An agreement has been reached by the air forces of Germany, Spain and France regarding performance standards for a collection of 10 possible system architectures under the Next-Generation Weapon System (NGWS), according to a recent military statement from Berlin.

Defense News revealed Tuesday that progress had been made earlier this month in Germany, Spain and France’s trinational effort to develop a next-generation fighter jet by 2040. 

Citing a statement from the German Bundeswehr, the outlet noted that the aforementioned nations have agreed on a set of performance benchmarks to help select desired features from a collection of what is currently 10 possible system architectures under the NGWS. 

The NGWS comes as a central component to the Future Combat Air System (FCAS), which was unveiled at the Paris Air Show in June 2019. 

VIDEO: A full-scale model of the Future Combat Air System (#FCAS) jet is unveiled at the #ParisAirShow in front of the defence ministers of France, Germany and Spain and French President Emmanuel Macron. #ParisAirShow2019 pic.twitter.com/x3XRWGmfMV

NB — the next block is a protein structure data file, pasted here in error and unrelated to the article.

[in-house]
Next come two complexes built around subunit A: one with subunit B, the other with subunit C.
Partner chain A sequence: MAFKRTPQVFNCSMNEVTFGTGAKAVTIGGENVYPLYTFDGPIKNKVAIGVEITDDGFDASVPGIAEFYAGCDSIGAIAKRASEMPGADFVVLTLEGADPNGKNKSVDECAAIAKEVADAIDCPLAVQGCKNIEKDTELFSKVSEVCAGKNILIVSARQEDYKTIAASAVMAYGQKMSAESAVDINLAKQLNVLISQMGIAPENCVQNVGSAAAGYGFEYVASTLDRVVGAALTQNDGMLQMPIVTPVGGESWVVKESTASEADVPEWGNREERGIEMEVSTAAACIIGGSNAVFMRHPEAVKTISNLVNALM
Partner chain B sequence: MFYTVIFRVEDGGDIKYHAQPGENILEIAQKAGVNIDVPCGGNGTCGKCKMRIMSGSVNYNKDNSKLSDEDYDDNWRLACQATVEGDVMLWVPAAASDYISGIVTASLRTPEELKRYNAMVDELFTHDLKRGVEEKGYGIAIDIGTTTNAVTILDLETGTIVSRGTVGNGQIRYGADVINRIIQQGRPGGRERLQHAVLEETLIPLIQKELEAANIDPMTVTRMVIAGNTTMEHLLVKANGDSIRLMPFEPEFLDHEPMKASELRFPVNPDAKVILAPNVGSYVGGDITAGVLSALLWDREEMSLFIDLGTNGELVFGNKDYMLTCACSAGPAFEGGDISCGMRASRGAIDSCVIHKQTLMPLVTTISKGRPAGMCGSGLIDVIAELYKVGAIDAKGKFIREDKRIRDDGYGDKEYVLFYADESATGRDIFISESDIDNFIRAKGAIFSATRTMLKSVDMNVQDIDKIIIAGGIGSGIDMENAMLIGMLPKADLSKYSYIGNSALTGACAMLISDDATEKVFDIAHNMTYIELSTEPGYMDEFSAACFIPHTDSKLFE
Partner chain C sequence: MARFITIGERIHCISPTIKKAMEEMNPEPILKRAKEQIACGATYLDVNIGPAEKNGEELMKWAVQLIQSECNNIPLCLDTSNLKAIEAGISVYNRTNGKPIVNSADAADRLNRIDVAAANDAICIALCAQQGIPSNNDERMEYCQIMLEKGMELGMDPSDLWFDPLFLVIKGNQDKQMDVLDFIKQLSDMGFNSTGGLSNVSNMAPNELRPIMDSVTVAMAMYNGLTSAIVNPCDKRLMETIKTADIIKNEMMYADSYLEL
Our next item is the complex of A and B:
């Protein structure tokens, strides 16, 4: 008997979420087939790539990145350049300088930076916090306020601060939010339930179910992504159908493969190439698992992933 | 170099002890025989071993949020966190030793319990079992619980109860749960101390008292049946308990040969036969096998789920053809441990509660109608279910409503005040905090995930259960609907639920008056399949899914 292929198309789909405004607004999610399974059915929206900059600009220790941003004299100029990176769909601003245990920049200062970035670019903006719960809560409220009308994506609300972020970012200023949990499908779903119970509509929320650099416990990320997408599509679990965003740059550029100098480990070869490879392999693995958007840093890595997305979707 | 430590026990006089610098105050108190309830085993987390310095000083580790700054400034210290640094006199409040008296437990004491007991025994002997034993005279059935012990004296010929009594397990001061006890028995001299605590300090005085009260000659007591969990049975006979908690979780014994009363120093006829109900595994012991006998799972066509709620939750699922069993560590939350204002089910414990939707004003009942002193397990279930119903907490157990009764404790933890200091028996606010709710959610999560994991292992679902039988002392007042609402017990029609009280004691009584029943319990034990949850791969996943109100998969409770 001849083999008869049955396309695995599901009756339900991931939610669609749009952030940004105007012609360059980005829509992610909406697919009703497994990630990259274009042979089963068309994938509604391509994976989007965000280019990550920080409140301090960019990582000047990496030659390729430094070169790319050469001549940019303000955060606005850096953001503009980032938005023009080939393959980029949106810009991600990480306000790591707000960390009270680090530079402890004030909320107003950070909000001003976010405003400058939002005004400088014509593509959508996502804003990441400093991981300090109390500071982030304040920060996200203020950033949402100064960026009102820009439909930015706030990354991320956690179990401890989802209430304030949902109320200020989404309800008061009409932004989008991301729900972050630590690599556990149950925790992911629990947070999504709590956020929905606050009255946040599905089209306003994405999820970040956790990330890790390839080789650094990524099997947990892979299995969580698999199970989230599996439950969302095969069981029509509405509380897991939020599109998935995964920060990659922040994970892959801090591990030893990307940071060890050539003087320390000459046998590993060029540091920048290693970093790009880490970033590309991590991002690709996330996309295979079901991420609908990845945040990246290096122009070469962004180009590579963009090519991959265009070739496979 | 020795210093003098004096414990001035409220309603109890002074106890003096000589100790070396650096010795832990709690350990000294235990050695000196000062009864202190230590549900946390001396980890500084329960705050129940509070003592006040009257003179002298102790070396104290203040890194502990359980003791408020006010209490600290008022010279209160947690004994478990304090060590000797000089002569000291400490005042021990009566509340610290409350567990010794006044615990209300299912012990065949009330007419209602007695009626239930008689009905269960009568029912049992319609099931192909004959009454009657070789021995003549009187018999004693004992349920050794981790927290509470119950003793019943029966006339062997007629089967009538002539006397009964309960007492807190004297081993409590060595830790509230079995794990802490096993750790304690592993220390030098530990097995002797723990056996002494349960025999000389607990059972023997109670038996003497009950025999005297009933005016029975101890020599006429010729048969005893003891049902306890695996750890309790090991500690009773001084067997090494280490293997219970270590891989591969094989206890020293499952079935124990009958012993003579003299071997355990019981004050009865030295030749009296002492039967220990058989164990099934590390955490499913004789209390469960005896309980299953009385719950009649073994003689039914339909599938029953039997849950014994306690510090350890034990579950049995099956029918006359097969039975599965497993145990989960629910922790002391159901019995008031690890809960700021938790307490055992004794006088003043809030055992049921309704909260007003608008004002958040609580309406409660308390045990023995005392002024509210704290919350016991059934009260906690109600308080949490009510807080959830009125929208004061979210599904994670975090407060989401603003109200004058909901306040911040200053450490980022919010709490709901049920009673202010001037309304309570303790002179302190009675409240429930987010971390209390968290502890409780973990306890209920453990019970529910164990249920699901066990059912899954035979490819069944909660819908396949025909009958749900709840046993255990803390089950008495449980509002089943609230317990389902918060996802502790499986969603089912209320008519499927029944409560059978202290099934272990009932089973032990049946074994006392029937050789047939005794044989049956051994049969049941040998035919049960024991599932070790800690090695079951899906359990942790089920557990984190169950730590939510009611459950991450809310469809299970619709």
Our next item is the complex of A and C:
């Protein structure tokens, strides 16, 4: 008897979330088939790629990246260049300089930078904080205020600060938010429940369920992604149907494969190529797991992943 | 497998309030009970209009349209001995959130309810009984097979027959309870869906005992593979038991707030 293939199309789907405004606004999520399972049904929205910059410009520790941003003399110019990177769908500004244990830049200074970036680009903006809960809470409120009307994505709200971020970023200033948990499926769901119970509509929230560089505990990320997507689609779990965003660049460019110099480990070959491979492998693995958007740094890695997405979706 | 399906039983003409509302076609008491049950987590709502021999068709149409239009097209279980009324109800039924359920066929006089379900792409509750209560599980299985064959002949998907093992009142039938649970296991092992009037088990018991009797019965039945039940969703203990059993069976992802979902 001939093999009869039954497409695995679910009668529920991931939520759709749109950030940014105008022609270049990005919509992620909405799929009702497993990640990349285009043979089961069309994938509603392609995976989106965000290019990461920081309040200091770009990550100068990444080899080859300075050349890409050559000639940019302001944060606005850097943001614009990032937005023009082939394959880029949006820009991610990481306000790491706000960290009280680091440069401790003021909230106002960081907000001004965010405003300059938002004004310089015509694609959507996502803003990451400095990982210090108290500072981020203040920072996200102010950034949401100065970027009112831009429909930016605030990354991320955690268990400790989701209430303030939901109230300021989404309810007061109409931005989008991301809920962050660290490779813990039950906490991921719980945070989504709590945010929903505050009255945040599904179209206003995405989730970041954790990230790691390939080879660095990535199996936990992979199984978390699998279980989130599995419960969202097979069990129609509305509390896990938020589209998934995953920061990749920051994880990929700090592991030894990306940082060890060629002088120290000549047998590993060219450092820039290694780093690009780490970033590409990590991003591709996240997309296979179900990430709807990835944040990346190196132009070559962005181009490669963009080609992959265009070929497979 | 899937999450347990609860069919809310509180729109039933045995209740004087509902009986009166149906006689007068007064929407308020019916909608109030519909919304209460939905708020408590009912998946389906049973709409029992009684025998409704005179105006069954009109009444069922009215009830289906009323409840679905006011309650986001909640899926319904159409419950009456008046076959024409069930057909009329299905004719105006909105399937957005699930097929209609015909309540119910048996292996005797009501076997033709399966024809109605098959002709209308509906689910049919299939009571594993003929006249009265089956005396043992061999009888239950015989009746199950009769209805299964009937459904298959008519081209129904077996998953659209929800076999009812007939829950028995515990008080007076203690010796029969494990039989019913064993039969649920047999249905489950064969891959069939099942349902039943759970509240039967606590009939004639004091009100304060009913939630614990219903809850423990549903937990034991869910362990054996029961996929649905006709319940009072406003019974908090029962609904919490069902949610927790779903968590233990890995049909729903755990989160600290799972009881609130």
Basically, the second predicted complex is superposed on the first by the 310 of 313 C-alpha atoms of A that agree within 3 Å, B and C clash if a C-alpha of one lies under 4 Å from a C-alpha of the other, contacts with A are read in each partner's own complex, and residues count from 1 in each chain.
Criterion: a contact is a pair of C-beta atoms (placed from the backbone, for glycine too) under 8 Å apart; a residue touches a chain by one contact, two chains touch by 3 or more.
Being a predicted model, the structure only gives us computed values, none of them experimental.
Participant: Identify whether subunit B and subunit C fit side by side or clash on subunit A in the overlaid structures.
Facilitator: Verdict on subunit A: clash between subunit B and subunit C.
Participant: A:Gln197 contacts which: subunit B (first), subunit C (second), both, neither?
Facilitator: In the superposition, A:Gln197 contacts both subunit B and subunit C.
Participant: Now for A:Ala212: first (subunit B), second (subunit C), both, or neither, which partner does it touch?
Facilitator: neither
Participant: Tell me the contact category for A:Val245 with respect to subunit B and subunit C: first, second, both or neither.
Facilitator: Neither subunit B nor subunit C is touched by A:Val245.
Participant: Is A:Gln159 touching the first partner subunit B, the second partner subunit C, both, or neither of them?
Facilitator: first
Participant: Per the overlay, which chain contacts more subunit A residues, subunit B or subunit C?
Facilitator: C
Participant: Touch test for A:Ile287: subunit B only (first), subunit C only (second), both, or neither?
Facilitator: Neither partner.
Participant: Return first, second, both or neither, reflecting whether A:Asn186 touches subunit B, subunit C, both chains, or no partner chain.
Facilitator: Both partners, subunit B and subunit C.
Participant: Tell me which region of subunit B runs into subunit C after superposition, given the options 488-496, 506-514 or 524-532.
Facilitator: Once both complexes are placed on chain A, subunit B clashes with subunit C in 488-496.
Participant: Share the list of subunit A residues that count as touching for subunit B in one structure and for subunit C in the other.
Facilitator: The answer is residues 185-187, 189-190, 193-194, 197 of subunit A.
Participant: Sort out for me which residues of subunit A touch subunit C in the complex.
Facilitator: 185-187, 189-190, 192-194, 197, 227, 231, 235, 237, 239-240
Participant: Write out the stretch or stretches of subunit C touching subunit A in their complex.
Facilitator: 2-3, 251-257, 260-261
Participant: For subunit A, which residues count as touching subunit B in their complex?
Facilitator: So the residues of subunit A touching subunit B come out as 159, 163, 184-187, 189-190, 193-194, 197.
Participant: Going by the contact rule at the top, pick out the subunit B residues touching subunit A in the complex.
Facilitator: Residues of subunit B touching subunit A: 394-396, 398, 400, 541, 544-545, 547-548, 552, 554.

— AFP news agency (@AFP) June 17, 2019

According to the project description, the FCAS is envisioned to be accompanied by a fleet of “remote carrier” attack and surveillance drones interlinked by an artificial intelligence-powered “combat cloud.” 

“The 10 different system architectures for NGWS currently in the mix lean in different directions when it comes to armaments, maneuverability and range of the main jet and its companion drones, for example,” the Bundesweher statement read, according to a translation by DefenseWorld.net. 

The three air force chiefs - Germany’s Lt. Gen. Ingo Gerhartz, France’s Gen. Philippe Lavigne and Spain’s Lt. Gen Javier Fernandez - have agreed on a “Common Understanding Connectivity,” which is a framework for connecting each nation’s systems to the forthcoming FCAS. 

It would appear as if the program is still on track to begin testing an FCAS prototype by 2026 - the original target year. 

Sputnik reported in December 2019 that it is possible that the UK may also get involved in the next-gen effort as it proceeds to develop its Tempest - a twin-engine, sixth-generation fighter jet concept that has been touted as a possible replacement for US-made F-35 fighter jets in Europe. 

According to DefenseNews, Germany is leery of France having a strong influence over the program. At the same time, Berlin is currently leading the Main Ground Combat System program - a bilateral effort between the two nations to develop a common tank.